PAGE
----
James Turrell’s Light Fantastic

The innovative artist has devoted his life to transforming

Through the elliptical opening of its East Portal visitors will see the sky in a new way. Robert Polidori

Standing on the rim of an ancient volcanic crater in northern Arizona, with the Painted Desert as a spectacular backdrop, James Turrell surveys all he has wrought. For a quarter of a century, this 60-year-old artist has been transforming the crater into an immense naked-eye observatory. It is a modern counterpart of sites such as Newgrange in Ireland and Abu Simbel in Egypt, where earlier civilizations watched celestial events with both curiosity and awe.

Not many people have yet seen the temple of light he has built here, and most of it is not visible from above, for it consists of a complex of chambers and tunnels extending deep below the surface. Two circular structures stand like stone eyes in the huge bowl of the crater. Through these eyes, Turrell explains, he is bringing the sky down into the earth, where underground visitors will experience it in a new way.

For Turrell, “bringing the sky down” is not just a poetic turn of phrase. He is intrigued by human perception, and studied perceptual psychology before turning to art. Ordinarily, he says, we take for granted that the sky is something “up there.” But from inside the crater the sky will drop down—not because he’s done anything to the sky, but because he has changed the context for viewing it. Some of the spaces are precisely, mathematically oriented to capture rare celestial events, while others are shaped and lit to make everyday sunsets and sunrises look extraordinary. What Turrell has wrought is, indeed, a monumental sculpture that combines ancient principles of archaeoastronomy with modern insights from the labs of perceptual psychologists. There is nothing like it on the face of the earth.

Even before descending from the crater’s rim, it’s hard to remember that we’re only about 40 miles northeast of Flagstaff and civilization. Roden Crater, as it’s called, is a mile in diameter at its base on the desert floor and rises 700 feet to its rim. It is only one of many such cone-shaped craters in the middle of a 1,800-square-mile volcanic field. Turrell first saw it from the air nearly 30 years ago while piloting his own plane, looking for a place to make art out of light. It stood in the outback of a ranch that wasn’t for sale, and Turrell had no money to buy it even if it were, but these were mere details to a visionary artist arriving from the sky.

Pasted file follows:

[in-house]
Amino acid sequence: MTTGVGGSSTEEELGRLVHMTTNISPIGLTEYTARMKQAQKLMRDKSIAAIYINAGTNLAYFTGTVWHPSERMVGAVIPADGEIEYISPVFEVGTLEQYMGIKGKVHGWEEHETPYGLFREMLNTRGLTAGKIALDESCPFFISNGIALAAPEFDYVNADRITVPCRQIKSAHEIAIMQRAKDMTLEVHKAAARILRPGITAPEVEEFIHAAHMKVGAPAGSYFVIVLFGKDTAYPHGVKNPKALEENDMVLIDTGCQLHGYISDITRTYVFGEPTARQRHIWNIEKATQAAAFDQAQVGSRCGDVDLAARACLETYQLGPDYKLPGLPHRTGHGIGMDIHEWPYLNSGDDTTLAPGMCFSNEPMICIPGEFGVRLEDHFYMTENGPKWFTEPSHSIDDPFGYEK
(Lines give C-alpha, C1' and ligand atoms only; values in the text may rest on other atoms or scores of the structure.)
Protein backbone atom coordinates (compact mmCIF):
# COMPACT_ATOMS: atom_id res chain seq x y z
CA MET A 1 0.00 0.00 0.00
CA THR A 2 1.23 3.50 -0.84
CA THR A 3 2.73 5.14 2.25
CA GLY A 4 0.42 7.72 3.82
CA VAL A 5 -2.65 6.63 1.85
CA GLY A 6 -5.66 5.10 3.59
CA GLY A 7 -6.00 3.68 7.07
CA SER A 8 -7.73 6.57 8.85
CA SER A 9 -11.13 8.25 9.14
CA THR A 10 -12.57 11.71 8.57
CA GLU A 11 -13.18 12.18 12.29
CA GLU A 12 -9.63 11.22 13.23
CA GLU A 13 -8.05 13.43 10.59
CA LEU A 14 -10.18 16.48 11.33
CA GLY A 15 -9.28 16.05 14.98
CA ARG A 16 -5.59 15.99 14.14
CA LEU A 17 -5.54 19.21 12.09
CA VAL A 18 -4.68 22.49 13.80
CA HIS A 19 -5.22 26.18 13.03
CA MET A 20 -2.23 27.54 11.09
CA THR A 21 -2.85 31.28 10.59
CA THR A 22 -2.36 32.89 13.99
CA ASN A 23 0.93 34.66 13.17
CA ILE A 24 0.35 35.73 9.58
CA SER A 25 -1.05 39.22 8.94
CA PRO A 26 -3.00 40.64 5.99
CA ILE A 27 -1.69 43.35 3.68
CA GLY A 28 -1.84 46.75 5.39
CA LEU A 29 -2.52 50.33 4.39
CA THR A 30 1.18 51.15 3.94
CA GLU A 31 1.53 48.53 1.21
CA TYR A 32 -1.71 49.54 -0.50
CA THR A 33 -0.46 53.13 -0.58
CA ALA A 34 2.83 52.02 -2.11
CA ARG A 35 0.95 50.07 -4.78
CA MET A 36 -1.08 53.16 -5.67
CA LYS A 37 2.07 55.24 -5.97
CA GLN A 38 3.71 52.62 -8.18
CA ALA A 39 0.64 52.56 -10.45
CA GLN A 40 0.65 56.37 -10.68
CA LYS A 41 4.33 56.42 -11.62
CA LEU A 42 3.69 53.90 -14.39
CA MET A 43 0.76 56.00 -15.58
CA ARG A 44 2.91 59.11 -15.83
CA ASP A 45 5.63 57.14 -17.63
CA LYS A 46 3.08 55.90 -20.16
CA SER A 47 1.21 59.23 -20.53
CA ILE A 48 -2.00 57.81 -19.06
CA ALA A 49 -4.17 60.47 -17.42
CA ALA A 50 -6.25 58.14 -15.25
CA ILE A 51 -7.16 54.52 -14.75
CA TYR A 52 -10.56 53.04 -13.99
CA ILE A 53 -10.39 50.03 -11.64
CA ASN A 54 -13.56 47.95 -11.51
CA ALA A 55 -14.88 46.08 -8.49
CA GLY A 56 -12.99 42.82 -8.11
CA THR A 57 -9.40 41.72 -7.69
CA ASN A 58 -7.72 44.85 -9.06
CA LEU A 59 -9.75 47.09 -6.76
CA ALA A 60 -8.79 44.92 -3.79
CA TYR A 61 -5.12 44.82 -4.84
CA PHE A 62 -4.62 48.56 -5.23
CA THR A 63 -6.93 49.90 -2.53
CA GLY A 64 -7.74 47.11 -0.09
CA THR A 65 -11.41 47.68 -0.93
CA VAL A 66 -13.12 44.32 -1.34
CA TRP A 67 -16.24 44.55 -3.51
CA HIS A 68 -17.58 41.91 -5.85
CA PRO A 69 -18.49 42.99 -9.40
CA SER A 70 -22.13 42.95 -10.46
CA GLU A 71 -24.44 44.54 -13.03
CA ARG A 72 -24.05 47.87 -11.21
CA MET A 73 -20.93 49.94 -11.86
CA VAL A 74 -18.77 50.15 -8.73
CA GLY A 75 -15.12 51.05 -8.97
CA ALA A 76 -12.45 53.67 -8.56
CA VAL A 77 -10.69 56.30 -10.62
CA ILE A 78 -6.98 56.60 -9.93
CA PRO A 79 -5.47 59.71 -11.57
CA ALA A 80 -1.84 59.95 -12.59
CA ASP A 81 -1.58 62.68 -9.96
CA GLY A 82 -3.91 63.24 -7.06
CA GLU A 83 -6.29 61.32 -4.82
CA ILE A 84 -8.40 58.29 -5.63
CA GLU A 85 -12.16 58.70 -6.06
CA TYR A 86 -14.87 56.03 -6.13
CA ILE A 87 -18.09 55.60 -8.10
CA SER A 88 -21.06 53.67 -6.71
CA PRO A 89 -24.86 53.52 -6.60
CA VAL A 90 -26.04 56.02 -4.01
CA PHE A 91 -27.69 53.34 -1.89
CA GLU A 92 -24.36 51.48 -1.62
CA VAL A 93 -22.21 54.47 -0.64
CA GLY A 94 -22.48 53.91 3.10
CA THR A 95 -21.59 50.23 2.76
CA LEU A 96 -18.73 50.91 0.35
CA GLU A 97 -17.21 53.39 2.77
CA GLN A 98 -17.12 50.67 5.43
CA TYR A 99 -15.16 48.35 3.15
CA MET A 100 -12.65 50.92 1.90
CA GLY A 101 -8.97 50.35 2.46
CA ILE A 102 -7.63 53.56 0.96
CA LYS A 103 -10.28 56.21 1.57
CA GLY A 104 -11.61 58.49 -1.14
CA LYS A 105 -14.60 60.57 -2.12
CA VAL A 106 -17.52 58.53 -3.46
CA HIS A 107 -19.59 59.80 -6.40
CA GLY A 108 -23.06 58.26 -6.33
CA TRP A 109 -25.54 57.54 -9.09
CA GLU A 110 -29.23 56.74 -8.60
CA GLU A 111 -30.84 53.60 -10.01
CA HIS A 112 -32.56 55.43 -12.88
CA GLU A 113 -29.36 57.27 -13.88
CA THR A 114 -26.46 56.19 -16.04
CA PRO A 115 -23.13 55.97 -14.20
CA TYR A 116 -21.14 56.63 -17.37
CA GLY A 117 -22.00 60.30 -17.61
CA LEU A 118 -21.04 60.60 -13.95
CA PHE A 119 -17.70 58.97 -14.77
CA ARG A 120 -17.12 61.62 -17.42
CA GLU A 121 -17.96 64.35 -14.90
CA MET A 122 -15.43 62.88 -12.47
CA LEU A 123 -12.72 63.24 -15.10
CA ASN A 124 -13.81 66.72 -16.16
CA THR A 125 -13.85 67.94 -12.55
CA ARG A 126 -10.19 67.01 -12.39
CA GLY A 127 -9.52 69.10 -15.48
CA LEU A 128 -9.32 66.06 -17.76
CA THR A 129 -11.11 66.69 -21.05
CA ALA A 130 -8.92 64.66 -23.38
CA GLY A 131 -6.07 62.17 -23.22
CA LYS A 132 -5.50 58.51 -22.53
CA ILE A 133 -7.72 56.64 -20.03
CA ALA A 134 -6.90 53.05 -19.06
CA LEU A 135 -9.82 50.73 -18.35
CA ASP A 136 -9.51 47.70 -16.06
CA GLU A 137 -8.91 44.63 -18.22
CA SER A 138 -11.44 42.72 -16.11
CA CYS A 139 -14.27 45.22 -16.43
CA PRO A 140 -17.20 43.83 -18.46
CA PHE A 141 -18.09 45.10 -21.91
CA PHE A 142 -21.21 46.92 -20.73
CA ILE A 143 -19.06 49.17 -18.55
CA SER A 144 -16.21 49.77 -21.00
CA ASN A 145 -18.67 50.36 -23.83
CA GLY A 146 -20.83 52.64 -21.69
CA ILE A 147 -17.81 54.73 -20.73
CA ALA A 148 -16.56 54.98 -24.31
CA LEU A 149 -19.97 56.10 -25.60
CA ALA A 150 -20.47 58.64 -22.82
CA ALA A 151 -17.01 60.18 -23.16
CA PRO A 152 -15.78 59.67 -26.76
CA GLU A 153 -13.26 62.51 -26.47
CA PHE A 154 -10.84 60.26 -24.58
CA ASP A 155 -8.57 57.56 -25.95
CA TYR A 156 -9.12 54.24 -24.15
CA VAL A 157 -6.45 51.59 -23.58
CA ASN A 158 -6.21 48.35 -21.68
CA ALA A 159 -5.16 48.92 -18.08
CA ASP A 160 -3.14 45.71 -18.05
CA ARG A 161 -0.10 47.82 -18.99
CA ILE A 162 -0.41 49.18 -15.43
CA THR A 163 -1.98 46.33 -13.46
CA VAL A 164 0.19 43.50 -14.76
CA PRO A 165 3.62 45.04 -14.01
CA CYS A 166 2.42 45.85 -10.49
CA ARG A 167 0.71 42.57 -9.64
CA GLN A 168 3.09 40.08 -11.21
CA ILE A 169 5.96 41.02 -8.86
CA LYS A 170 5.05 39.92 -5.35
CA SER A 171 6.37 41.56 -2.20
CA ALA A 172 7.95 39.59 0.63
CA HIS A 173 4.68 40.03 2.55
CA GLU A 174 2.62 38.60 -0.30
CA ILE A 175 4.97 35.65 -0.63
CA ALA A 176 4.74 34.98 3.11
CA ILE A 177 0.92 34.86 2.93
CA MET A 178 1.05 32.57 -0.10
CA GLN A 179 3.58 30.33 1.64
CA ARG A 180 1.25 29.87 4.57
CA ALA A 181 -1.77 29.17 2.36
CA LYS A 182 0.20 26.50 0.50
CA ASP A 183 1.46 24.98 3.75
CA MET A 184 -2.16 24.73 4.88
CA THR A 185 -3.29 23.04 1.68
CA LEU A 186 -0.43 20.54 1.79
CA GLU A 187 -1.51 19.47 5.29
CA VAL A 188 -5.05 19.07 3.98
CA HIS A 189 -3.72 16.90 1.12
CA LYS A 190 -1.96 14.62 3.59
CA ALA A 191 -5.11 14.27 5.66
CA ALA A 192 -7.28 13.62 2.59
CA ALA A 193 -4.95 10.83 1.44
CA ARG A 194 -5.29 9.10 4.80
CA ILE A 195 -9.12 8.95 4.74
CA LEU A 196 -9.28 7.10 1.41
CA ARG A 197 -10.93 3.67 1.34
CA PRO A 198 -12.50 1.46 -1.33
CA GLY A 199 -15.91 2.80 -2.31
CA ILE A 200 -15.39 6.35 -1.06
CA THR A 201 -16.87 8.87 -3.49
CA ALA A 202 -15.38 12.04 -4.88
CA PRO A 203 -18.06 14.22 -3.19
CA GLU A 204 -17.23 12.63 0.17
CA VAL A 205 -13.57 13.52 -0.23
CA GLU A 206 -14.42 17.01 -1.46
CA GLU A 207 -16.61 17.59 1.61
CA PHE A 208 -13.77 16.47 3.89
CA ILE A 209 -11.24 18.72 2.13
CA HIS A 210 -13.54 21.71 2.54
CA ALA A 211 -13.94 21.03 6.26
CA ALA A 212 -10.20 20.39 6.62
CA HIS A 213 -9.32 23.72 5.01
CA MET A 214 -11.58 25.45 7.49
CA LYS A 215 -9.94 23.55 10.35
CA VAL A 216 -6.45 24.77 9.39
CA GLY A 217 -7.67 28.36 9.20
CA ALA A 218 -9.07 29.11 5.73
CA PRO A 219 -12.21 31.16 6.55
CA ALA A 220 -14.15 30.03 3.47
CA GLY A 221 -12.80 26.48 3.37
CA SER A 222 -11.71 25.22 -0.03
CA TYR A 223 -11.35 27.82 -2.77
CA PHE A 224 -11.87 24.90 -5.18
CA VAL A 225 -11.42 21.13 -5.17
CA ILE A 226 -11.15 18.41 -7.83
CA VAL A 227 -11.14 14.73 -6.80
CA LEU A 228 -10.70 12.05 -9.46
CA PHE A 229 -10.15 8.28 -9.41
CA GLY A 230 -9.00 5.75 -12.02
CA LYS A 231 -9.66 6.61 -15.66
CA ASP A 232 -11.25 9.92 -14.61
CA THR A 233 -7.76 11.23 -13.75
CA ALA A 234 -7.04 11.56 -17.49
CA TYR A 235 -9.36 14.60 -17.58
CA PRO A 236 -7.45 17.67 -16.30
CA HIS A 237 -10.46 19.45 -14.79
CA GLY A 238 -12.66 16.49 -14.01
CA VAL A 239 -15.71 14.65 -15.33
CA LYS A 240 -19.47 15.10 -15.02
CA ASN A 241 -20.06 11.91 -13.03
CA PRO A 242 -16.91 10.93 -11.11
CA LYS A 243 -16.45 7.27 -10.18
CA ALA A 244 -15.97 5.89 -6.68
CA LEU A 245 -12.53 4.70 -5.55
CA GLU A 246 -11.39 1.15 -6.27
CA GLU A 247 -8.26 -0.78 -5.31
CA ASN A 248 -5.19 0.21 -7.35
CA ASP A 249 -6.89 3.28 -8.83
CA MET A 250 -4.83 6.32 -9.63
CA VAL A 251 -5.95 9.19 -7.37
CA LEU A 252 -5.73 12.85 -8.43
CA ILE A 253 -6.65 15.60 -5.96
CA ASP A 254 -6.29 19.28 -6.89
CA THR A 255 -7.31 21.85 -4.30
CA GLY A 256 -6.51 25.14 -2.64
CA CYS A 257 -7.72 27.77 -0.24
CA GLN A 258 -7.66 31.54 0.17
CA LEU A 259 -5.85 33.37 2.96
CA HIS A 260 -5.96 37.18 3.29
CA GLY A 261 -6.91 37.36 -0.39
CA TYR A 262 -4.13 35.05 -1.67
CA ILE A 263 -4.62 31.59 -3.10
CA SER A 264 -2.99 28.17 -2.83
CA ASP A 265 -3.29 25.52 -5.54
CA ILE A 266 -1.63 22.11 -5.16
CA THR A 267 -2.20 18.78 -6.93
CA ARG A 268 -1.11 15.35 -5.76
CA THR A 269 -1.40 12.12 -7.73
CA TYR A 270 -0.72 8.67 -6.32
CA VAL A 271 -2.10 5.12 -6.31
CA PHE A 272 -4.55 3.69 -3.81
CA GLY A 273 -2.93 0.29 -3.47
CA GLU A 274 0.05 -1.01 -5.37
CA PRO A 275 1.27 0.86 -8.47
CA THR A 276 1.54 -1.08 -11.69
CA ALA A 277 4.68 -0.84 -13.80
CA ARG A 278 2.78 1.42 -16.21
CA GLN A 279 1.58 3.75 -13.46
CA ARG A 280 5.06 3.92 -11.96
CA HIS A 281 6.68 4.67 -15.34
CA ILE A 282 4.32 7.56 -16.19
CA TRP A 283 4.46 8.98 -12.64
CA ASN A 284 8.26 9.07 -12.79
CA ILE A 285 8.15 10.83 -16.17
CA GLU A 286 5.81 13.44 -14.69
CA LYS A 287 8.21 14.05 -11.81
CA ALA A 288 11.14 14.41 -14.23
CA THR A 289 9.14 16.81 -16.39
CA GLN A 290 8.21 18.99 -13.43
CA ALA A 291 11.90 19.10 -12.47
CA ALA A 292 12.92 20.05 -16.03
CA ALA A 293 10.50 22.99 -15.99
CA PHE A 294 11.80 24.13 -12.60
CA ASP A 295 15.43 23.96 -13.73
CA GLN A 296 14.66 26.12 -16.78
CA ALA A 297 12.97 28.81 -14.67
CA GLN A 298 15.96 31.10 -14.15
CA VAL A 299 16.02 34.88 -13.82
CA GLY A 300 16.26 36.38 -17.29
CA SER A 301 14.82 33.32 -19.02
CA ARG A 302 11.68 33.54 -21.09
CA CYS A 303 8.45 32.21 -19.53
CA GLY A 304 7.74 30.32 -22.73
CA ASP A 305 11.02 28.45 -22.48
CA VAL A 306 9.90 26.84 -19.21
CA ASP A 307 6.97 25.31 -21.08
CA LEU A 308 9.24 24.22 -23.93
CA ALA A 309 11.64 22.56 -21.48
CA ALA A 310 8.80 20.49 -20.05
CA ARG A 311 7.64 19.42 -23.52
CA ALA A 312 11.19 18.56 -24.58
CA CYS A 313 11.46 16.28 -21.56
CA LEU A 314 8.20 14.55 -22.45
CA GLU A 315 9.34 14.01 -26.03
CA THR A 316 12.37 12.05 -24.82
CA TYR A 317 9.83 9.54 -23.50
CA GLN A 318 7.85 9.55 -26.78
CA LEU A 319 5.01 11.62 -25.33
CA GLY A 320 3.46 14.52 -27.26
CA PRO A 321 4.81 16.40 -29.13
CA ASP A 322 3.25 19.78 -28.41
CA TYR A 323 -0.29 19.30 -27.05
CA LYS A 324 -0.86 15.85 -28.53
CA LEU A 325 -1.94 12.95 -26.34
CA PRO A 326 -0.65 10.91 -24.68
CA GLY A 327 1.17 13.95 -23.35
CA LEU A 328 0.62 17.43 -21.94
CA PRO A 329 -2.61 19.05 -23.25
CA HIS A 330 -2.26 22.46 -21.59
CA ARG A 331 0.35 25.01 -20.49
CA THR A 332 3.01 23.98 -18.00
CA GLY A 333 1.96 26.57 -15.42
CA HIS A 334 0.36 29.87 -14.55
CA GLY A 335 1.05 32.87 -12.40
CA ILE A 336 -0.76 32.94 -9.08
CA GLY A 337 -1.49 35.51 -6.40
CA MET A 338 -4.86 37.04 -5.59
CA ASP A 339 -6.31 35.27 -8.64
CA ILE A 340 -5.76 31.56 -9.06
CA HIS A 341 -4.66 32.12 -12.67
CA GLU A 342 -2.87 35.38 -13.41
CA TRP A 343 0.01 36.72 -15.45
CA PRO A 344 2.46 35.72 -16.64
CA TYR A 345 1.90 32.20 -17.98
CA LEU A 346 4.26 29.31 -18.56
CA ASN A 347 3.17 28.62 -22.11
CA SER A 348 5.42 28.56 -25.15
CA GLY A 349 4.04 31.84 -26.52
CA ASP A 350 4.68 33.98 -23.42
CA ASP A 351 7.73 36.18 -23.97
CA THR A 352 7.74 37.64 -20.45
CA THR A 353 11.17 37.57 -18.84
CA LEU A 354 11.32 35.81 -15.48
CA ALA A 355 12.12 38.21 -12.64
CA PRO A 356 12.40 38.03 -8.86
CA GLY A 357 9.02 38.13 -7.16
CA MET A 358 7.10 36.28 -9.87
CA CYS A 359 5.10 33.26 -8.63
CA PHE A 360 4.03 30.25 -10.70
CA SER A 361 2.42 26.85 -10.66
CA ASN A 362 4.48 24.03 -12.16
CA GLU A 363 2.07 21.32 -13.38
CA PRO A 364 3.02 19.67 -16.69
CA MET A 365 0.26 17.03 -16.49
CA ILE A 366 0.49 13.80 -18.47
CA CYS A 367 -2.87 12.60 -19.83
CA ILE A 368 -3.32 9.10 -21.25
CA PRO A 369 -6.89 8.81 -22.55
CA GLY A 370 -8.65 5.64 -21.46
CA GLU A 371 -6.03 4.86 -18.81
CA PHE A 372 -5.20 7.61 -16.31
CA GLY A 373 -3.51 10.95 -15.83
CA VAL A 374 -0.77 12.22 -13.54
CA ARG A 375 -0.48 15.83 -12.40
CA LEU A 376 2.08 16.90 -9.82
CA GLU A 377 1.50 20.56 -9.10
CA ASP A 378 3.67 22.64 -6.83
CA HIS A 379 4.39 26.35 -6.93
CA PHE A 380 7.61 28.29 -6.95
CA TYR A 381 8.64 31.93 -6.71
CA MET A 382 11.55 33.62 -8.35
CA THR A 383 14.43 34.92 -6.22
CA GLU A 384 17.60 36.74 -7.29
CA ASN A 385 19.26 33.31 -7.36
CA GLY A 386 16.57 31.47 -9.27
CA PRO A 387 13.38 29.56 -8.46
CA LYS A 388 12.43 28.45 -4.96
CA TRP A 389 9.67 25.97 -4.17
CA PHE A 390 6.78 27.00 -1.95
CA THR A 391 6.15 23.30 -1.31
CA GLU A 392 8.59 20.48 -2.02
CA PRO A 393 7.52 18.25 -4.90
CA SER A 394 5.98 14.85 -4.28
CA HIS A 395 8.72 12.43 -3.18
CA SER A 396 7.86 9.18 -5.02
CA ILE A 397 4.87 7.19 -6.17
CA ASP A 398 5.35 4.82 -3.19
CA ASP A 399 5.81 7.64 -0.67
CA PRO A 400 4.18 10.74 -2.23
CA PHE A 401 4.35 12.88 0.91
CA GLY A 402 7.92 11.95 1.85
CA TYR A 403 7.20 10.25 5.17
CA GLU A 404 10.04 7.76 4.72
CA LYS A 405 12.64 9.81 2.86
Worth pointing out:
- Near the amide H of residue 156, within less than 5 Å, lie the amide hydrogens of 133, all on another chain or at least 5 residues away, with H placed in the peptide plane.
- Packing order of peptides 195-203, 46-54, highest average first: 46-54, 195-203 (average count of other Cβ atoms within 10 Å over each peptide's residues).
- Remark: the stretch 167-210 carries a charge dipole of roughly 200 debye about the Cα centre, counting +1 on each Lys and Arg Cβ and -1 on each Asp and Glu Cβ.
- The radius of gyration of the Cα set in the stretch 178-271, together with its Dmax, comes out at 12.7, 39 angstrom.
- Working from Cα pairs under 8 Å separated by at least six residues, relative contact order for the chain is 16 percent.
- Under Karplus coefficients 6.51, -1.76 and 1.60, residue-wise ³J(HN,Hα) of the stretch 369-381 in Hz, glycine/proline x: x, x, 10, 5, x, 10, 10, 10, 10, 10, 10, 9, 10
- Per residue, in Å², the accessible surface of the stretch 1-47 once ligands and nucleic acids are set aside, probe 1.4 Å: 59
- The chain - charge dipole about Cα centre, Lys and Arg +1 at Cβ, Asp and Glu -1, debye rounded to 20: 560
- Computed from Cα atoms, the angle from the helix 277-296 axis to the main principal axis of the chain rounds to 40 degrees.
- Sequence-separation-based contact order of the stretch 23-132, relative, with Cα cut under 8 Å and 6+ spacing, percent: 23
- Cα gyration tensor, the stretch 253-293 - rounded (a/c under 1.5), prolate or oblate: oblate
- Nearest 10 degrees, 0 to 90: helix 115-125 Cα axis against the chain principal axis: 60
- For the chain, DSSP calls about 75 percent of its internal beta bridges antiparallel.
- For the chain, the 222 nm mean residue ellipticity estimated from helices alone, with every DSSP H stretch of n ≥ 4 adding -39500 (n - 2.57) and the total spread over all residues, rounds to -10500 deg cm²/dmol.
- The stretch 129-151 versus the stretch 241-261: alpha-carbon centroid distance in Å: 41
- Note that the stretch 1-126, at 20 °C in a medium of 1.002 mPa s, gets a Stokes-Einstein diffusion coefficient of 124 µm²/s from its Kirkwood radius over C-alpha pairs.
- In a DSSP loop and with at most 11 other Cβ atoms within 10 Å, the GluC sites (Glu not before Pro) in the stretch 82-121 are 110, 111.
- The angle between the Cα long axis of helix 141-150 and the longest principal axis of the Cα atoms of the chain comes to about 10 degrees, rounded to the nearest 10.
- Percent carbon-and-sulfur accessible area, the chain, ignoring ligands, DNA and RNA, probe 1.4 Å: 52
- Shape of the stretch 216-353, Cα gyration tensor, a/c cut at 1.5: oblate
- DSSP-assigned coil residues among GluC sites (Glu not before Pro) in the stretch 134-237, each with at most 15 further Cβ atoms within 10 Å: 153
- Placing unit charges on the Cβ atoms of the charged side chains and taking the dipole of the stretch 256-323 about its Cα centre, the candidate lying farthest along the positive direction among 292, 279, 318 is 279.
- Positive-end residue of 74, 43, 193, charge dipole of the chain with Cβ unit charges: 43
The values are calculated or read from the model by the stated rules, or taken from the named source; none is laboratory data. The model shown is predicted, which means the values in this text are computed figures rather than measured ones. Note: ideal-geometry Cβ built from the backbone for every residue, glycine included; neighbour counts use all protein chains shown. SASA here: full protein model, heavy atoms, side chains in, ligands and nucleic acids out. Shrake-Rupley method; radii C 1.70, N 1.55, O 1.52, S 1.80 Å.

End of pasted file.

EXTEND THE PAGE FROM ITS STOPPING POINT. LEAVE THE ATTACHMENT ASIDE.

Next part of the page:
Tall, white-haired and full-bearded, Turrell today looks a bit like an Old Testament prophet. And he’s probably sometimes felt like one in the decades it has taken to build this monument in the desert. After convincing the owner to sell him the ranch in 1977 and scraping up enough for a down payment, he has had to excavate and move 1.35 million cubic yards of dirt, install 660 tons of steel and pour 5,500 cubic yards of concrete, mixed onsite from volcanic cinder and rock. He’s also had to turn himself into a cattle rancher, not only to help realize the project but also to hold on to grazing leases around the crater so that others could not build houses and add artificial light to the night sky. Besides all this, he’s had to work with astronomers and archaeoastronomers in planning the observation of celestial events for thousands of years in the future, and he’s had to move heaven and earth to raise the money from foundations to pay for it all—$10 million to date. Eventually the site will be maintained by the Dia Foundation. When asked how soon Roden Crater will be open to the public, Turrell tugs his beard and mumbles, “Afew more years, just a few more years.”

While working on the crater, Turrell has also been creating art out of light in museums and galleries—projecting and mixing colored light to make seemingly solid objects appear to be hung from walls or suspended in air. In a typical installation called Gard Blue (p. 93), you enter a dark room and see a 5 1/2-foot-tall blue tetrahedron standing brightly in one corner. It looks as though it’s made of plastic and lit from within. Only when you come close do you see that the “object” is actually pure light, projected across the room from a corner of the ceiling. Stepping into another installation, called Danaë, you see a large purple rectangular panel, glowing like illuminated Sheetrock, hanging in front of a white wall at the far end of the room—but if you try to touch it, there’s nothing there, only a rectangular hole cut into the wall with hidden ultraviolet lights on the other side.

A pioneer in what is now called installation art, Turrell caused a sensation when the Whitney Museum of American Art in New York City gave him a show in 1980 and a guest at the opening tried to lean against one of his “sculptures” and fell through it, breaking her wrist.Astunning retrospective of Turrell’s work is on view through the end of June at the Mattress Factory in Pittsburgh, a museum that has grown up with installation art, and which featured Turrell’s work in one of its first shows 20 years ago.